Ever More Revolutions
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Some people take unconsciously to repetition, but in this case, the repetition should not be taken as evidence of amnesia. On the contrary, it is evidence of the Prime Minister's seriousness. Also, except on one occasion, he was speaking every time to agricultural scientists and bureaucrats, and there is perhaps a paucity of the messages that can be given to them. That may suggest that he spoke too often to them perhaps. But he has been Prime Minister for long, and making speeches is one of his unavoidable duties. Perhaps he did not even take it as a duty. He enjoys the company of intellectuals, and is happy to get an opportunity to lecture them.
People may wonder why he wants even more agricultural production when his government is sitting on 65.6 million tonnes of wheat and rice. It is only a temporary problem; at the end of the monsoon it will be discovered that much grain that was stacked in the open has rotted and no longer presents a problem of storage. By that time, another 25 million tonnes of kharif crop will be waiting to be bought. But if rotting is acceptable, another bumper crop is perfectly manageable. And if it is the government's objective to buy up foodgrains and waste them, there is no limit to the agricultural production it may want. The more is produced, the more it can buy, and the more money it can put in the pockets of those who are supposed to buy and store the grain. This craze for foodgrain buying serves no national interest, but no doubt keeps many beneficiaries of the government satisfied. If the Prime Minister does not want the nation to become cynical, he needs to think beyond storing and wasting grains. If he does, he may find that he does not need a second green revolution.
If he goes that far in his thinking, he may even be prepared to consider the possibility that production is not the problem. It may be in 20 years' time when the population will be larger; but at least at the moment, the country could do with less production. What it needs is a different production mix; as the Prime Minister pointed out, it could do with greater production of pulses and oilseeds. But if their output is to increase, the extraordinarily high prices the government pays for the grains, wheat and rice, which compete with them for land, would have to be brought down. It would work even better if the government got out of the business of price fixing, and let the market determine prices; it would then also give incentive to produce whatever is in short supply.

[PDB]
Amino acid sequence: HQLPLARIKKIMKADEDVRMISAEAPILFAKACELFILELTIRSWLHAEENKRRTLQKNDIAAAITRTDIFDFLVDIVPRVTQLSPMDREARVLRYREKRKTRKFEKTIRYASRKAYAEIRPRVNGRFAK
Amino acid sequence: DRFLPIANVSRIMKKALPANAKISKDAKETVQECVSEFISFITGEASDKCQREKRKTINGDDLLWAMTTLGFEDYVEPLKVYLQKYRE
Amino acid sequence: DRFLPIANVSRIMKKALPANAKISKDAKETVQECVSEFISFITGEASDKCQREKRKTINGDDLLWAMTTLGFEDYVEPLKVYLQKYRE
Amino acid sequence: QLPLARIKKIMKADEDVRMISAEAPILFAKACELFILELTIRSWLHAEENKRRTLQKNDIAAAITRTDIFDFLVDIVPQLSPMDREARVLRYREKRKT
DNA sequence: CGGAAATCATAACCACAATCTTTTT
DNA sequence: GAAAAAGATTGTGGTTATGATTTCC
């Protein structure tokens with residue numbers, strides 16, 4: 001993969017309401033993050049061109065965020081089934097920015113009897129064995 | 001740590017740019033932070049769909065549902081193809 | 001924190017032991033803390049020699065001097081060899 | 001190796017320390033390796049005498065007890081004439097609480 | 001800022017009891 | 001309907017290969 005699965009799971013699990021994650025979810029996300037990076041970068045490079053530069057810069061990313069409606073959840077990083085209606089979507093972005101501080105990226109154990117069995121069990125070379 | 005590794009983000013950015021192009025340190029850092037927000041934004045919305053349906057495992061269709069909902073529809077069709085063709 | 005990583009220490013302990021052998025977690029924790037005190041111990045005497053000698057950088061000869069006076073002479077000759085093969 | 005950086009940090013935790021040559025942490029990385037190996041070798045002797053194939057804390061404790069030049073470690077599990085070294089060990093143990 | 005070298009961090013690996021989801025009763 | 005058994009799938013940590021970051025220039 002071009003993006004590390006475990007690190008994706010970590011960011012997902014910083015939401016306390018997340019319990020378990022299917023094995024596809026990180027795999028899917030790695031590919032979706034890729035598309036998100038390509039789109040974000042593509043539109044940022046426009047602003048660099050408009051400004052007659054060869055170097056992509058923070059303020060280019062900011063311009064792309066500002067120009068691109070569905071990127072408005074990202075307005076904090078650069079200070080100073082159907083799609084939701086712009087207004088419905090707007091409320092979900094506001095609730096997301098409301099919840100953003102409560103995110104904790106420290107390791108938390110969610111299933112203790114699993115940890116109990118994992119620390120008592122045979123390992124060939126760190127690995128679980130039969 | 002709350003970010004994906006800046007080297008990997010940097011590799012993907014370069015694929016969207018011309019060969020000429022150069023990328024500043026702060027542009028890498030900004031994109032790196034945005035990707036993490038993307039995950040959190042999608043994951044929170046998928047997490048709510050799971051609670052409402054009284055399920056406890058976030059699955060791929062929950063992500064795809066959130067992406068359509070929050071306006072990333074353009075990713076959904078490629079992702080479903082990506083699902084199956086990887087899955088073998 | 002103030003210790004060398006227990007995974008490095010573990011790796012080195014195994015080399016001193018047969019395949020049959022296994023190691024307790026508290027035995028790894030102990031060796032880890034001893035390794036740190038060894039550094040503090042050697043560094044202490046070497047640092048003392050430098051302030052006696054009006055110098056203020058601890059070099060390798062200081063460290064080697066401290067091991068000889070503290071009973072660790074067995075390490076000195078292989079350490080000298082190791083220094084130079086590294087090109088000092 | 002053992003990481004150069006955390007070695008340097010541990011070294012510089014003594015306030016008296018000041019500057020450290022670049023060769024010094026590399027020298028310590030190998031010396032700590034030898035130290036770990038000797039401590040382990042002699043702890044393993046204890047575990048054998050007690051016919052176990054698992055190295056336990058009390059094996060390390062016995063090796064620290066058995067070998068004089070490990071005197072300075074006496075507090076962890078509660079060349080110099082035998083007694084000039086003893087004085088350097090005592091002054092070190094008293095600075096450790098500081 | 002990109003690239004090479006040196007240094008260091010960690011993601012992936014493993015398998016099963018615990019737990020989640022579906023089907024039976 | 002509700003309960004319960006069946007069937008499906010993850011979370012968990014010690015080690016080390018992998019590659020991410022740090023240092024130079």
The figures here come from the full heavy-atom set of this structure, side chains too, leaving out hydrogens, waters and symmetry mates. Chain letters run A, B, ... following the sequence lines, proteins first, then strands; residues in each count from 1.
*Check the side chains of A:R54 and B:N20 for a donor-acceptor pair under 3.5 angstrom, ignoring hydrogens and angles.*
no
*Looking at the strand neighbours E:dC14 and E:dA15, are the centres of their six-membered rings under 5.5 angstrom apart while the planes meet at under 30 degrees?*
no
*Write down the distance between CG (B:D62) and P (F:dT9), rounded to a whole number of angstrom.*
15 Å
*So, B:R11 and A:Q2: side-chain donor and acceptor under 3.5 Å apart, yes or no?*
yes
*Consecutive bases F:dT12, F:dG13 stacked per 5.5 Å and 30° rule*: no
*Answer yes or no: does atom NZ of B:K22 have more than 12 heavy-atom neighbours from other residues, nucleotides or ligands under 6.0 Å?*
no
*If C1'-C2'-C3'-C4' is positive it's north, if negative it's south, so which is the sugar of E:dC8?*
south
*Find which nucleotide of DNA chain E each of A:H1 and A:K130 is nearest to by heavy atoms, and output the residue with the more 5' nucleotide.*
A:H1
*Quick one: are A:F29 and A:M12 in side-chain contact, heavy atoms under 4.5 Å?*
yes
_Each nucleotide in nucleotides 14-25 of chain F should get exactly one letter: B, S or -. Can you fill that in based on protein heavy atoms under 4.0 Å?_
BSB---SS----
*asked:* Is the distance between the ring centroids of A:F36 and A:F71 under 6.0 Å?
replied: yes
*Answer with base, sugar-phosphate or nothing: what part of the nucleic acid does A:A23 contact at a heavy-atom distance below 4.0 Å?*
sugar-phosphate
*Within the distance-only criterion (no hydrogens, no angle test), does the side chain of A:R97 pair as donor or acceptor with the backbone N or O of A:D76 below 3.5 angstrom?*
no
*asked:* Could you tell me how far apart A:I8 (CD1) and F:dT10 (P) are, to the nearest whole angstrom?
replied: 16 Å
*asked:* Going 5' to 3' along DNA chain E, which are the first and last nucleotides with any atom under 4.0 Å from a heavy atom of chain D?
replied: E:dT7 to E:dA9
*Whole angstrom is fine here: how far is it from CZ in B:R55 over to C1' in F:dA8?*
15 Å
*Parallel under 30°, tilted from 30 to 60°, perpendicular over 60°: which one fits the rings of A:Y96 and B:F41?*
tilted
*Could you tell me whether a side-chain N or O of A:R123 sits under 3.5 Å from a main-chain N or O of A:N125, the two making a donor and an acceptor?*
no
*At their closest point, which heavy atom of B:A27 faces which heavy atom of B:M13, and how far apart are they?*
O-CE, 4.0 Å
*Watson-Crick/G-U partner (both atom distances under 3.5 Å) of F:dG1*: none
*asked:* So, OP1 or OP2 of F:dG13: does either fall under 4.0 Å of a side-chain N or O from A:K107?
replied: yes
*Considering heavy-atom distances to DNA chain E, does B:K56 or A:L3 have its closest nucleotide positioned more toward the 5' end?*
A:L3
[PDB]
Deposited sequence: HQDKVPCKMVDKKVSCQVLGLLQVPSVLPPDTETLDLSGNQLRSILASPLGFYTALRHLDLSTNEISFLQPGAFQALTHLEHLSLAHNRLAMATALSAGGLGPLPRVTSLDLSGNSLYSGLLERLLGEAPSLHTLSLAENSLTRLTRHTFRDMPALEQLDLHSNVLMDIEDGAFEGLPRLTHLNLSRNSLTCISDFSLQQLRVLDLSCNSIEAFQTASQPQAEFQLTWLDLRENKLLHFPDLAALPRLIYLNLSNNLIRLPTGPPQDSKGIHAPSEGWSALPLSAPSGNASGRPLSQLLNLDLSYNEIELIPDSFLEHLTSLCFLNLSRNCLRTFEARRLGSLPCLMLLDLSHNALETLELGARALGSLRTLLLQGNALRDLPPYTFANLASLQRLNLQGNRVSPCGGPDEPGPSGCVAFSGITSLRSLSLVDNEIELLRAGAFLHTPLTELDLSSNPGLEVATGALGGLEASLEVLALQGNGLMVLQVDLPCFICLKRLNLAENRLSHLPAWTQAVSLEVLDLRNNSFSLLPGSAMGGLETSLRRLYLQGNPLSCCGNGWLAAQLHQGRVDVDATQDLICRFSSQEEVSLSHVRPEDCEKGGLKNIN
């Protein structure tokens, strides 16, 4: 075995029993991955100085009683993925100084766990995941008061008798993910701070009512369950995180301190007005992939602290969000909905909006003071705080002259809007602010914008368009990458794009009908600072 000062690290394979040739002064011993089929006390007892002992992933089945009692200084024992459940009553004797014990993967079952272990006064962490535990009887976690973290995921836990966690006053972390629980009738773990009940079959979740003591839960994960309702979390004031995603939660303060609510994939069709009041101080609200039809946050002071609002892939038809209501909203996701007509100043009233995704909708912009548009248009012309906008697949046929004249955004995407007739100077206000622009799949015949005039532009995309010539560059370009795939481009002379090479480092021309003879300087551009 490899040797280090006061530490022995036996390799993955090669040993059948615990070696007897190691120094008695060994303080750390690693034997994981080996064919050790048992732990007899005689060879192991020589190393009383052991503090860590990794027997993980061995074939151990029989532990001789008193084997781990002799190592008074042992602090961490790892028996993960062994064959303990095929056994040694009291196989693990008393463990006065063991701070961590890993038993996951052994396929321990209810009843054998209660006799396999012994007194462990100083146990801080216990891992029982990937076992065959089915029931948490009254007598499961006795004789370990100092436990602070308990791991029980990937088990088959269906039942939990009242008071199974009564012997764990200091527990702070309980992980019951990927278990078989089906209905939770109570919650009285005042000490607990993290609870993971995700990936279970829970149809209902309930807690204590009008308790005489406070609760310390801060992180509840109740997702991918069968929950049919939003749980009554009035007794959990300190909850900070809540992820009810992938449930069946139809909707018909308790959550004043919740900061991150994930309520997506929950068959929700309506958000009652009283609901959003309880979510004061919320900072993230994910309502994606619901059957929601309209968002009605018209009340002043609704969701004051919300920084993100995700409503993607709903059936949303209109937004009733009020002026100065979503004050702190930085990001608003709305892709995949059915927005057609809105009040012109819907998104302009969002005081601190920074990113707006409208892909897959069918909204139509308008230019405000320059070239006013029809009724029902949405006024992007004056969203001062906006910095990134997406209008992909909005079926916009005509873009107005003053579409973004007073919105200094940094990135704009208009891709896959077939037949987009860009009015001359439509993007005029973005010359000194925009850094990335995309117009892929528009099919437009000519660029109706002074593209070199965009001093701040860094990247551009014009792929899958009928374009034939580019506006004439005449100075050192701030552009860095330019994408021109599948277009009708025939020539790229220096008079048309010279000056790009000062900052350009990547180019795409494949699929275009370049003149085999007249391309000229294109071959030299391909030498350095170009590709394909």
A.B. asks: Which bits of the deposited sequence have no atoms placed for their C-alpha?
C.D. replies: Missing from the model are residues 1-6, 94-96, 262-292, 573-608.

Every time the Prime Minister discusses agriculture, he implicitly assumes that the country must produce everything it consumes, and that importing anything is bad. This is a strange position for the man who is supposed to have been the harbinger of liberalisation in this country, and to have begun the dismantling of the stifling import restrictions we had till the 1980s. It is, of course, possible that as he became older, more senior and more influential, his opinion changed and wisdom grew. If that is so, he should share with the country his reasons for preferring a closed India today, when 20 years of opening up have given such good results in terms of economic performance.
The only argument he may be able to give is relating to security — the danger of becoming dependent on imports for essential food. But the pile of 65 million tonnes his government holds is supposed to give that security. China takes away grains, oilseeds and oilcake for its growing economy. Even India imports pulses and vegetable oil. There is nothing wrong in that; as long as the country is producing enough overall, exporting or importing particular commodities poses no risk. So maybe the Prime Minister should bid goodbye to his pre-reform mindset.
(This story was published in Businessworld Issue Dated 08-08-2011)